SHANGHAI - As Chinese hairy crabs, or Dazha crabs, come back in season, concern has been raised over the safety of eating them after an online post claimed that excessive drugs are used to rear them.
A crab culturist shows Dazha crabs at Yangcheng Lake in Suzhou, Jiangsu province, on Jun 30. [Su Min / for China Daily]
A recent post on tianya.cn, one of China's most popular forums, said excessive amounts of antibiotics and hormone-based contraceptives are used to feed the Chinese hairy crabs to make them grow faster and fatten them up for market.
Although sales of hairy crabs have not been affected by the claim, many people expressed their concerns, with one netizen having said: "If this really happens, I would never eat hairy crab again."
However, Yang Weilong, chairman of the Yangcheng Lake Crabs Industry Association, denied the allegation on Sunday. While hairy crabs are reared in a number of districts in China, Yangcheng Lake is considered to produce the best.
"This is impossible. Using contraceptives or similar drugs is unfavorable to the growth of crabs," the Beijing Morning Post quoted Yang as having said.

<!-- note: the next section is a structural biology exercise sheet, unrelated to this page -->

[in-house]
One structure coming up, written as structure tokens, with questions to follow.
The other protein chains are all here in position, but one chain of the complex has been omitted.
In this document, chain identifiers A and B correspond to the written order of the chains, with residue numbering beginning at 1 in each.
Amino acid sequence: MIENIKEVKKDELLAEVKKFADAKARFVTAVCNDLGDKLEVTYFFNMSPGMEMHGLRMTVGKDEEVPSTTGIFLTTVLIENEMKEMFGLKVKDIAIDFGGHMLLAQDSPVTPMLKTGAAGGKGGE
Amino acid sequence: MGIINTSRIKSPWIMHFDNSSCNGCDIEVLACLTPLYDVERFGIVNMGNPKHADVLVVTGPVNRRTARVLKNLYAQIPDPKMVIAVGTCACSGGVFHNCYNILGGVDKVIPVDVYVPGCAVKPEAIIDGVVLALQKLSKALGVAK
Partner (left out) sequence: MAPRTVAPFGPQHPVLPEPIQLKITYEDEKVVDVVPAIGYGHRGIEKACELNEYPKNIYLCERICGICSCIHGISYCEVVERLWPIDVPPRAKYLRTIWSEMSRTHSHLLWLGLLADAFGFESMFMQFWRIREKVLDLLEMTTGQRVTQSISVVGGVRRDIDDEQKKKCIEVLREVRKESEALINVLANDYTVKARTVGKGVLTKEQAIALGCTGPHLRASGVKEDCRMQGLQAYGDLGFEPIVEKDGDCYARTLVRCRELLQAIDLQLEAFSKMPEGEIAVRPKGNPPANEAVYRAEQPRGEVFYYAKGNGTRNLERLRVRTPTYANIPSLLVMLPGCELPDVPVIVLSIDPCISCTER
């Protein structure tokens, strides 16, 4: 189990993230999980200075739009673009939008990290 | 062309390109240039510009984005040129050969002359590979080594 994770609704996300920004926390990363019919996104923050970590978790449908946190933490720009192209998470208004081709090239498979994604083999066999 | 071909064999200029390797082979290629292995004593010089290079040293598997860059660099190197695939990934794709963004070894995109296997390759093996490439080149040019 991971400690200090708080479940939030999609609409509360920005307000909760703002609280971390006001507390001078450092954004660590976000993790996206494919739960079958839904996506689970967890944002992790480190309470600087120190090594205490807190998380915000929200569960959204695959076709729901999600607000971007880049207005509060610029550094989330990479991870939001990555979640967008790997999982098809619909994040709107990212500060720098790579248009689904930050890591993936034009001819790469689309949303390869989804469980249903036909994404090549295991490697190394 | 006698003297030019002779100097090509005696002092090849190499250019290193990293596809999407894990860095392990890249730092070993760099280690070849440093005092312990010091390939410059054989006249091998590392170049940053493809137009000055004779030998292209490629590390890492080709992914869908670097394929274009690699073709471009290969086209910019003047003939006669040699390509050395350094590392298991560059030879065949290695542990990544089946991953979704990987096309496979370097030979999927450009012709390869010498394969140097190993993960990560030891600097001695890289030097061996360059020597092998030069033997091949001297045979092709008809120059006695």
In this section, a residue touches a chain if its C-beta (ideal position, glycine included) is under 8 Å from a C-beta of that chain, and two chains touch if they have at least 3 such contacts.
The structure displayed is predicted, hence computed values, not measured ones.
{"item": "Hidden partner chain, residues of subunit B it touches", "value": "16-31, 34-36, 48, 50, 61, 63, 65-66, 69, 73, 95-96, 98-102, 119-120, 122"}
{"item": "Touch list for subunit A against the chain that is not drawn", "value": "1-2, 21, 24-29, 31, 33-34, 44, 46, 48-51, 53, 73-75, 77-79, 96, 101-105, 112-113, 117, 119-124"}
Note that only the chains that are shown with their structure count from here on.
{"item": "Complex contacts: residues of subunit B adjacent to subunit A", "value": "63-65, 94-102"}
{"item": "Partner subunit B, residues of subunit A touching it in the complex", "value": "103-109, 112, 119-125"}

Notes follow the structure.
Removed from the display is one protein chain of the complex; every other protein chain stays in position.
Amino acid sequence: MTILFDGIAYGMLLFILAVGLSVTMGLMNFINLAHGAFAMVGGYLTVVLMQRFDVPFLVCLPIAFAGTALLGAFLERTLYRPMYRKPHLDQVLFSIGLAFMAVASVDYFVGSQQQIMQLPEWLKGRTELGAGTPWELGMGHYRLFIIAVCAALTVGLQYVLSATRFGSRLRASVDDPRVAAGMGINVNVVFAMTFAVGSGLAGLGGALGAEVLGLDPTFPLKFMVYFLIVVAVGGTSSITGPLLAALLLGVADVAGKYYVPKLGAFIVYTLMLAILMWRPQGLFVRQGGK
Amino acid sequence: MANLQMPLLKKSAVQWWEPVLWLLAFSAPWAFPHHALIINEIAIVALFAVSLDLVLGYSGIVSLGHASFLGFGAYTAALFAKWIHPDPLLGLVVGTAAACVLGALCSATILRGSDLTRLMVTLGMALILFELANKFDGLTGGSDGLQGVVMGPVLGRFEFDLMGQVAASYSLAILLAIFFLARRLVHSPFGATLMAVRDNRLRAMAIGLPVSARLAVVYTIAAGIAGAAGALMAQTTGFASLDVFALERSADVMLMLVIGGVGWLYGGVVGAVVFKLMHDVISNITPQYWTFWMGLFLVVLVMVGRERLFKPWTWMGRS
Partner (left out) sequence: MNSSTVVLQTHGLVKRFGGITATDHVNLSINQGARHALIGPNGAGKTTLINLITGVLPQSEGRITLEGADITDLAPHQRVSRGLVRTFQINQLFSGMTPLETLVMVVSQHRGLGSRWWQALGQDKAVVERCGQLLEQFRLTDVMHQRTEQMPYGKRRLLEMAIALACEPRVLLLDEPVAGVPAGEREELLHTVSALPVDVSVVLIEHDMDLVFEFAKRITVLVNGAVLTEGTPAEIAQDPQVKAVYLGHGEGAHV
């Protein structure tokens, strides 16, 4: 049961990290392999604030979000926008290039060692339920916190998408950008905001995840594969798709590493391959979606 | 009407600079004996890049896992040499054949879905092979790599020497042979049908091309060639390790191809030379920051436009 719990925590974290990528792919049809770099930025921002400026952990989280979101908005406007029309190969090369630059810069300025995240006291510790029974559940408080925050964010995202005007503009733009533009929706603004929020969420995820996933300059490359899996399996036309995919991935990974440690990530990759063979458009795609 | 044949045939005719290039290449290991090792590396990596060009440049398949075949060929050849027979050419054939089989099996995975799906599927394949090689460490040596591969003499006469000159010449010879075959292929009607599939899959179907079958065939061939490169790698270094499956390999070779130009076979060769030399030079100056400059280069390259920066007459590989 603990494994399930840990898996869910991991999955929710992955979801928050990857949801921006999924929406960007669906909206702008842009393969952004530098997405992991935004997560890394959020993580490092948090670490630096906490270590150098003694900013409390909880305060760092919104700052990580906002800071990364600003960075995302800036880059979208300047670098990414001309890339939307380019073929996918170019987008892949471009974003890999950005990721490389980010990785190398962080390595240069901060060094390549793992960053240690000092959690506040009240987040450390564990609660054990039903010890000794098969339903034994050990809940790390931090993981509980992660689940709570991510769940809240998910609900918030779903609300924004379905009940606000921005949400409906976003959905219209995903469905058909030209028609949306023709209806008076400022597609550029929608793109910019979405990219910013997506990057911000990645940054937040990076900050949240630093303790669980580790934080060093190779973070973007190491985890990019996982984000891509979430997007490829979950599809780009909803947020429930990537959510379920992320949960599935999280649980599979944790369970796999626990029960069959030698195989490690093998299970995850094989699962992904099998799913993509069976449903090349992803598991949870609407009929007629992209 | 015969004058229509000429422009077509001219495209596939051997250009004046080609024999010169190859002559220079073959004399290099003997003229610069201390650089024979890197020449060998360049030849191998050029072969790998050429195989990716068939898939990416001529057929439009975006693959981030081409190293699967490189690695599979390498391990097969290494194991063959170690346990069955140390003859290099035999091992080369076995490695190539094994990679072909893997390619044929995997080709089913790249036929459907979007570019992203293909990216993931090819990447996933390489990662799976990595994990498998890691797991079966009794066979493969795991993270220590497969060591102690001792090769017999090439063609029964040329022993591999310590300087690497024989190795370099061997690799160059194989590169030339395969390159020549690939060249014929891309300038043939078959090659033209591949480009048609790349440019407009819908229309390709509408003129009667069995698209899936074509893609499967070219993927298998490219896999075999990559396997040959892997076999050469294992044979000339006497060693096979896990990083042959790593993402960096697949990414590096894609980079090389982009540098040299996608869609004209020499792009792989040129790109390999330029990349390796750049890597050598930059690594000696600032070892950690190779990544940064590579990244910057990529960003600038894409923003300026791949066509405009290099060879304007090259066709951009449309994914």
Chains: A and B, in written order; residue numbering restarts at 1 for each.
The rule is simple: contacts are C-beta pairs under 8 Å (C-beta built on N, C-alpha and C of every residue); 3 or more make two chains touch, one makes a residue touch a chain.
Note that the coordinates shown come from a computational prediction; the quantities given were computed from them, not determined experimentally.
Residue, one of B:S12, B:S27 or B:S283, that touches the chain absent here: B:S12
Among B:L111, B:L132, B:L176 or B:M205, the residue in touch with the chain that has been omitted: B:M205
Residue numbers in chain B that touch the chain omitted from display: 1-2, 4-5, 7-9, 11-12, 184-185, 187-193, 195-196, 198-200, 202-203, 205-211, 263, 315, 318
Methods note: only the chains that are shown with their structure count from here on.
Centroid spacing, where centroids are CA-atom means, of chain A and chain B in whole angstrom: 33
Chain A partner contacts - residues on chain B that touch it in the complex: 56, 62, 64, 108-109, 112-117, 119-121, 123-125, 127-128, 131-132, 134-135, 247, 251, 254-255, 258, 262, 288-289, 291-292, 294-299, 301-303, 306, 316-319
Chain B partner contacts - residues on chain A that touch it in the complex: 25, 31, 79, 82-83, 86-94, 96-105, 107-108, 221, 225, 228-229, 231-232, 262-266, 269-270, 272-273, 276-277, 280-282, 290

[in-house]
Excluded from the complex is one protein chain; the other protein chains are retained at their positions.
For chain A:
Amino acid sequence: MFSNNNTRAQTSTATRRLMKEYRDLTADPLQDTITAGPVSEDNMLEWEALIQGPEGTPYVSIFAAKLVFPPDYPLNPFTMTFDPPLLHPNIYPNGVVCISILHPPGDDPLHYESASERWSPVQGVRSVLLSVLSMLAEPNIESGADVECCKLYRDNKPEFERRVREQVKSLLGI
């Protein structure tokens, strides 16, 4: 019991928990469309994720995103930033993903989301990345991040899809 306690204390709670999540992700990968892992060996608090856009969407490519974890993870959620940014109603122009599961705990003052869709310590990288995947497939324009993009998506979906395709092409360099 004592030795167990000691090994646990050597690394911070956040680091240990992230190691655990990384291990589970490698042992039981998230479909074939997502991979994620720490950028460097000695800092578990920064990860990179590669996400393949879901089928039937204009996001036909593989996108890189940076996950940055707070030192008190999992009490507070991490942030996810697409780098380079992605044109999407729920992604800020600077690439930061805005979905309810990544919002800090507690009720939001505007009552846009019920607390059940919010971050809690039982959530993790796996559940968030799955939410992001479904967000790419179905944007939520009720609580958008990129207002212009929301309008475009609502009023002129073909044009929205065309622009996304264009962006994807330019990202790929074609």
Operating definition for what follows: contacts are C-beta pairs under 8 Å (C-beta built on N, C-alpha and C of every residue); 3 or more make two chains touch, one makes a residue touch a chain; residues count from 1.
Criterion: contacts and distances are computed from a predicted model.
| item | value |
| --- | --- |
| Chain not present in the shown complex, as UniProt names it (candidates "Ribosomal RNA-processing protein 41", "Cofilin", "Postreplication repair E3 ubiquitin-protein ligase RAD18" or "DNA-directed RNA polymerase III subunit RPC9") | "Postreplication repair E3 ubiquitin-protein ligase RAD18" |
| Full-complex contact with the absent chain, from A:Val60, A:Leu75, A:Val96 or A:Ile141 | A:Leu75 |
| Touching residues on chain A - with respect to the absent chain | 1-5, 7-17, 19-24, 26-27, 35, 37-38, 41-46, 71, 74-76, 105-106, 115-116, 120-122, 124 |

"Water crabs thrive in fresh water and the lake in which they are raised is quite large, so it would be impossible to lace it with drugs," he added.
Pan Liande, a professor at the fisheries and life science college at Shanghai Ocean University, said antibiotics are in fact used in rearing crabs, but the type and quantities dispensed are strictly regulated for the prevention and treatment of disease.
"Some additives used in raising crabs also contain a certain amount of hormones, though the amount is also regulated," Pan said.
Pan, who has conducted research on aquatic products for a number of years, has advised breeders on techniques for efficiently rearing crabs.
"During my work, I have met many aquatic product farmers in Shanghai, Zhejiang and Jiangsu provinces. From the information I have collected, most crab culturists raise crabs in a scientific way and do not use contraceptives or excessive antibiotics," Pan told China Daily on Monday.
In Beijing, Yangcheng Lake crabs are expected to come onto the market later this month, ahead of the Mid-Autumn Festival on Sept 22.
The Beijing Fengtai district industrial and commercial bureau requires local crab sellers to display their certificates of origin and quarantine report to ensure the safety of the hairy crabs on the market.